“[C]hildren from less advantaged families are left to fend for themselves, and in the process they typically reproduce their class location.” – from Academically Adrift (The Read . . . #26)

Typically (as opposed to “obviously”), most people reproduce their class location.

Either at home, at school, or elsewhere, students must learn the cultural competencies that lead to academic success. The culture of higher education isn’t natural, “organic” or neutral. It’s artificial. Like aspartame.

Would any educator suggest (either directly or indirectly) otherwise?

Employing crude imagery/stereotypes (see “First/Second Sketch”), Realist’s brand of populism makes (allegedly) corrupt business/political machinations visible through hyperbole, imagining dire effects wrought upon potential CCC students. In particular, Realist’s representations of these imagined students merit further comment and contextualization, not blind acceptance or willful ignorance, since they are the primary means by which Realist (et al.) appears to re-imagine (the culture/costs/rewards of) higher education as transhistorical.

In any event, “Third Sketch” will examine those representations and imaginings after concluding its foray into Academically Adrift.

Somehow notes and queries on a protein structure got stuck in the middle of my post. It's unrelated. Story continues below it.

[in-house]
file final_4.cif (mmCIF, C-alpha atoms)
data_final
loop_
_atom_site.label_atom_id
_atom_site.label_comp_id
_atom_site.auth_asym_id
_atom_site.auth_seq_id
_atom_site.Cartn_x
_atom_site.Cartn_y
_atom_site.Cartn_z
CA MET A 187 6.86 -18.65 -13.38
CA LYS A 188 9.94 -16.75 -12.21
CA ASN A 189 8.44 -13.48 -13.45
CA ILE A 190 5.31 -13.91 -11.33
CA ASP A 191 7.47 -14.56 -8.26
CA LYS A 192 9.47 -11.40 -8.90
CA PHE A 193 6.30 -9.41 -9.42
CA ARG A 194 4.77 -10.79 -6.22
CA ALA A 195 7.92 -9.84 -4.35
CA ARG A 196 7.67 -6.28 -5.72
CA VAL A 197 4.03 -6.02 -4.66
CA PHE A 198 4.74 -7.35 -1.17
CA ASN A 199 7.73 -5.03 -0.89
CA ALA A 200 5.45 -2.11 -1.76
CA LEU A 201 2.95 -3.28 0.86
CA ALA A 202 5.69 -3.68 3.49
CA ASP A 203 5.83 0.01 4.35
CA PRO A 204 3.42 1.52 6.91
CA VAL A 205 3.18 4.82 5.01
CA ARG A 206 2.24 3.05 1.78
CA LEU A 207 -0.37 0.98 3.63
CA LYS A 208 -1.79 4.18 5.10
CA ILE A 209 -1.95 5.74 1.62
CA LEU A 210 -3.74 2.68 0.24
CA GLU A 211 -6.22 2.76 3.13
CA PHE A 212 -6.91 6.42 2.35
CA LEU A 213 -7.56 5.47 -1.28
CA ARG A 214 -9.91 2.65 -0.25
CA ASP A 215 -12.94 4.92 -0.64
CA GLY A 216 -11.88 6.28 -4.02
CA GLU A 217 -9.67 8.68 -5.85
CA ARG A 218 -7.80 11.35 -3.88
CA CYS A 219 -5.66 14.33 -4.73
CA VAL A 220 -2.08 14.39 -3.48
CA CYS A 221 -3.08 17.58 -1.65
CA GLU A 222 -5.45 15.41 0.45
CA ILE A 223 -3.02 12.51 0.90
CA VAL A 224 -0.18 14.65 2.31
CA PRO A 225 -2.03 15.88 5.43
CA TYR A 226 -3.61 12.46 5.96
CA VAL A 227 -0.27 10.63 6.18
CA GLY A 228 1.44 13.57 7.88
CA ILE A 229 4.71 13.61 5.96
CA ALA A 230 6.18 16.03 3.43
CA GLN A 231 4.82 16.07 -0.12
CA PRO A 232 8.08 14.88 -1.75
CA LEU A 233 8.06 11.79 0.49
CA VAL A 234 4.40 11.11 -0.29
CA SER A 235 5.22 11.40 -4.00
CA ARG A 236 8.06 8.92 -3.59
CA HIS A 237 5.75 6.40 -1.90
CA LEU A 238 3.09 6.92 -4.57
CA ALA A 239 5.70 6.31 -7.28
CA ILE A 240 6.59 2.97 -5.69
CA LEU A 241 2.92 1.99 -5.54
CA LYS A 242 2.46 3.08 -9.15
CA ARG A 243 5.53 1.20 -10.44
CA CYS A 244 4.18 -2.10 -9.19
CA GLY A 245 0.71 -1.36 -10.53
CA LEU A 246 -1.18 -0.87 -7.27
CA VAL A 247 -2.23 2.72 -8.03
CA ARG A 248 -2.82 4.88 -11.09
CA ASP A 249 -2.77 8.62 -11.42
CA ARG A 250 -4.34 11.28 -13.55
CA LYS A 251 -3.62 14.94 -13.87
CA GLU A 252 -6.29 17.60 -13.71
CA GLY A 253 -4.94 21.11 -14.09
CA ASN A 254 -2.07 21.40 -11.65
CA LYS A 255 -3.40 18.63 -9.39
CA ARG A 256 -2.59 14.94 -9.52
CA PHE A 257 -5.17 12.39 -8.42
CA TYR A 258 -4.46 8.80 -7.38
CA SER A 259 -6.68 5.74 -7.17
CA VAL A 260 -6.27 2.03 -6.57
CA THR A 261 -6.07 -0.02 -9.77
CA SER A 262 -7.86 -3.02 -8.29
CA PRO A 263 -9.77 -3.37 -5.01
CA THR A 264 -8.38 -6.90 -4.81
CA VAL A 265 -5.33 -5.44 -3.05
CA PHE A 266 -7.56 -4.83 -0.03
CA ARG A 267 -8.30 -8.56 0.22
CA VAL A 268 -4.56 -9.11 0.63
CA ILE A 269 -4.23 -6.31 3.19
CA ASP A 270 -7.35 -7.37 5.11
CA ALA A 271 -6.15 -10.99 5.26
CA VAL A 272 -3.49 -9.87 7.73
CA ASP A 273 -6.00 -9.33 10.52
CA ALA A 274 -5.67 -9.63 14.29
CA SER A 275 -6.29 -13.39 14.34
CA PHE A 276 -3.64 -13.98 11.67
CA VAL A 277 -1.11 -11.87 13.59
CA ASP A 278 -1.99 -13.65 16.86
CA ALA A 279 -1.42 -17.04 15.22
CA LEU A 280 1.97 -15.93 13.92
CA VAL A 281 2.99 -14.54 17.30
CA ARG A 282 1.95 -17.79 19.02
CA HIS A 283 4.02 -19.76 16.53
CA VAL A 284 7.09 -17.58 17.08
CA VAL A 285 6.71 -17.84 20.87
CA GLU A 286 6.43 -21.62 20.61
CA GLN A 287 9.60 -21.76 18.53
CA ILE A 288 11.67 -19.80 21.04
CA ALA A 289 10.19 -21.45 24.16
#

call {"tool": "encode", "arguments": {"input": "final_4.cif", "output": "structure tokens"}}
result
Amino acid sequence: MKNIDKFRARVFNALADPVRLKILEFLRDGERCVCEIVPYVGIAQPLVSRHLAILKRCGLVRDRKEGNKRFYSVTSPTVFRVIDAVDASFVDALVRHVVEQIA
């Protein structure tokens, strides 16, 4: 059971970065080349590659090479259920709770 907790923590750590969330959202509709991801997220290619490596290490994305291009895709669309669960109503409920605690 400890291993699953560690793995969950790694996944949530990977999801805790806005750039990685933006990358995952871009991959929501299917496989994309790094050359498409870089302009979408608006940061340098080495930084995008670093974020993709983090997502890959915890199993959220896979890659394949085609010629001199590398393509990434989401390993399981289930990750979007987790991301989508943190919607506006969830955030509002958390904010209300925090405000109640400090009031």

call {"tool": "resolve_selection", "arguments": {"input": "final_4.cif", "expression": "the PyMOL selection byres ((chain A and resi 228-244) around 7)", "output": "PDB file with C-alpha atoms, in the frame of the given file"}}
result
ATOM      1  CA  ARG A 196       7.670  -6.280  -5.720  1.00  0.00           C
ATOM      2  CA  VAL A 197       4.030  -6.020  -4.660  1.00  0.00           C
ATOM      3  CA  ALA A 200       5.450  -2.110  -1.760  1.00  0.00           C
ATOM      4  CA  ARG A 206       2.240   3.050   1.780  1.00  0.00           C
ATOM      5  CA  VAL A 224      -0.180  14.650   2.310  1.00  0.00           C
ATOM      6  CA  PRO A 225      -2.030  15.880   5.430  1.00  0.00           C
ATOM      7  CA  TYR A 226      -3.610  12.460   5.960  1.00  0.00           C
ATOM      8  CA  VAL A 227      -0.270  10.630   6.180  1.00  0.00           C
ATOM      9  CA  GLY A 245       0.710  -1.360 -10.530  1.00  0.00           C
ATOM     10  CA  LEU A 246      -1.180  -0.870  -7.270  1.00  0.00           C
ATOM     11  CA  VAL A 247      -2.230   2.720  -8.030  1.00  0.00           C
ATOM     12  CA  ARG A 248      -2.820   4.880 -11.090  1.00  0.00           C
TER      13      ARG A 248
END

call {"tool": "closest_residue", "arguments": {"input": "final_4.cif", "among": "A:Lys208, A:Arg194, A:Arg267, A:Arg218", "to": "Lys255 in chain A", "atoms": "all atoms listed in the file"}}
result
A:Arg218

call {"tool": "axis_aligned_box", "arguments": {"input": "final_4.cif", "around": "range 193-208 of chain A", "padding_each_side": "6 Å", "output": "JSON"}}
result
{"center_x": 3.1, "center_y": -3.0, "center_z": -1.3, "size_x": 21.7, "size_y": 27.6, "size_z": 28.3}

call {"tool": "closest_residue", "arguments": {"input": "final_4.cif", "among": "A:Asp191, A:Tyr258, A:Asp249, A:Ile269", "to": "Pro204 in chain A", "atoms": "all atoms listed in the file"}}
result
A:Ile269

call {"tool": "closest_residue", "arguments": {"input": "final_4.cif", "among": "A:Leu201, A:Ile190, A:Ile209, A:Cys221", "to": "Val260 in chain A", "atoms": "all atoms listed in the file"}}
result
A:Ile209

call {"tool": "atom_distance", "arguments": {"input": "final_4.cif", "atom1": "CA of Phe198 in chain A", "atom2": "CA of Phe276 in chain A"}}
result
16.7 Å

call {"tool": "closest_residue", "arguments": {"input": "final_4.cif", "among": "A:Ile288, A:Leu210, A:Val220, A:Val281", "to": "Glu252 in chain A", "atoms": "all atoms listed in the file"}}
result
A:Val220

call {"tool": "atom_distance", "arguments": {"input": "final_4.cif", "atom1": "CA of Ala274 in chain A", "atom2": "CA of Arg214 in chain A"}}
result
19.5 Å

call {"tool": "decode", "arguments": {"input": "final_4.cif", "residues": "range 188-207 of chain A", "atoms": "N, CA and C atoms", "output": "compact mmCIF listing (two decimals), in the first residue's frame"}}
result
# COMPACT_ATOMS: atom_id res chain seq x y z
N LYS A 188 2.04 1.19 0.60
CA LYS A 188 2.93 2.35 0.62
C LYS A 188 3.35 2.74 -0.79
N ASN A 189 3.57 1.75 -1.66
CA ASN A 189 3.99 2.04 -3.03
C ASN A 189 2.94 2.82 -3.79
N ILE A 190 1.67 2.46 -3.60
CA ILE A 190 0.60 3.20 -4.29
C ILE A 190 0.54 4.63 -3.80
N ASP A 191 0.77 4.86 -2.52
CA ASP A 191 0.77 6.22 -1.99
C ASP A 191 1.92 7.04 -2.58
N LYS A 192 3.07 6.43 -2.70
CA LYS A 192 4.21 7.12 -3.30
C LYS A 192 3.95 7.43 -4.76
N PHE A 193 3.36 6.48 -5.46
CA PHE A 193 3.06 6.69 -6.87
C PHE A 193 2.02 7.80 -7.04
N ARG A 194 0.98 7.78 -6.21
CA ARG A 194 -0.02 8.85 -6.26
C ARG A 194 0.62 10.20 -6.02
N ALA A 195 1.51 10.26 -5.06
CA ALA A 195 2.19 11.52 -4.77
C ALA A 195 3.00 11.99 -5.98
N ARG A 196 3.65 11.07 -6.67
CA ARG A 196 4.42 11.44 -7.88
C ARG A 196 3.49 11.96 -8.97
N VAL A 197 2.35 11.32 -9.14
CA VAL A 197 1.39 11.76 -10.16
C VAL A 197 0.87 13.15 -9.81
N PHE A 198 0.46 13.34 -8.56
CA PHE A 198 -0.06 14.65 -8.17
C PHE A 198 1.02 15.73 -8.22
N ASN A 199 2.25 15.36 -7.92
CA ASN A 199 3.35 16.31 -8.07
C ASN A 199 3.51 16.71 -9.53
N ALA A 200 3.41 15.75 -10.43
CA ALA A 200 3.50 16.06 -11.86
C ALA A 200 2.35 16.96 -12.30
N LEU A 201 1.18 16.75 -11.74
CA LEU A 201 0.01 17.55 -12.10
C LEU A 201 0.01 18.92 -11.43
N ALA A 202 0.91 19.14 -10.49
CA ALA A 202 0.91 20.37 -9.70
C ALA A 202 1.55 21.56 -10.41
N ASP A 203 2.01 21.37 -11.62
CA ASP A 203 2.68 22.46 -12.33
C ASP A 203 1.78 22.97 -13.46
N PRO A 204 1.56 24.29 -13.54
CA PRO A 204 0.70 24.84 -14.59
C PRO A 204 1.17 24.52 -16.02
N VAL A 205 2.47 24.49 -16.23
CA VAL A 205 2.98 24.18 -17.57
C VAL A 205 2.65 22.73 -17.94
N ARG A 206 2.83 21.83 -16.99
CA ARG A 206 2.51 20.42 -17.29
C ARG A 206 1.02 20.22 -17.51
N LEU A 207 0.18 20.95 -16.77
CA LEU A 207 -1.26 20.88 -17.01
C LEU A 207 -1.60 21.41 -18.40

CLA Parental Ed CLA AA vs White

From Chapter Two – “Origins and Trajectories”

Ever since Horace Mann, a nineteenth-century American educational reformer, proclaimed that education was “the great equalizer of the conditions of men,” schools have been charged with providing opportunities for all students and serving as a vehicle of social mobility.


But there is a much less sanguine view, in which education is believed to reproduce social inequality by “proportioning academic success to the amount of cultural capital bequeathed by the family.” Students from upper-class families acquire “linguistic and cultural competence” and “familiarity with [the dominant, upper- and middle-class] culture.” These skills and predispositions are in turn rewarded in school, granting children from more privileged families higher grades, better course placements, and other positive educational outcomes. Since schools expect but do not teach these cultural competencies, children from less advantaged families are left to fend for themselves, and in the process they typically reproduce their class location.


(Note: The chapter goes on to detail how the gap in achievement is not only preserved but widened between racial/ethnic groups as they progress through college. This suggests that “higher education in general reproduces social inequality”; however, the authors do acknowledge that “estimating the extent to which schools contribute to social stratification is a complicated matter.”

12Keystrokes takes these excerpts as food for thought and is of the opinion that class location/representations matter in this “debate” and that no one has to be perfect about it or anything. But it matters.)

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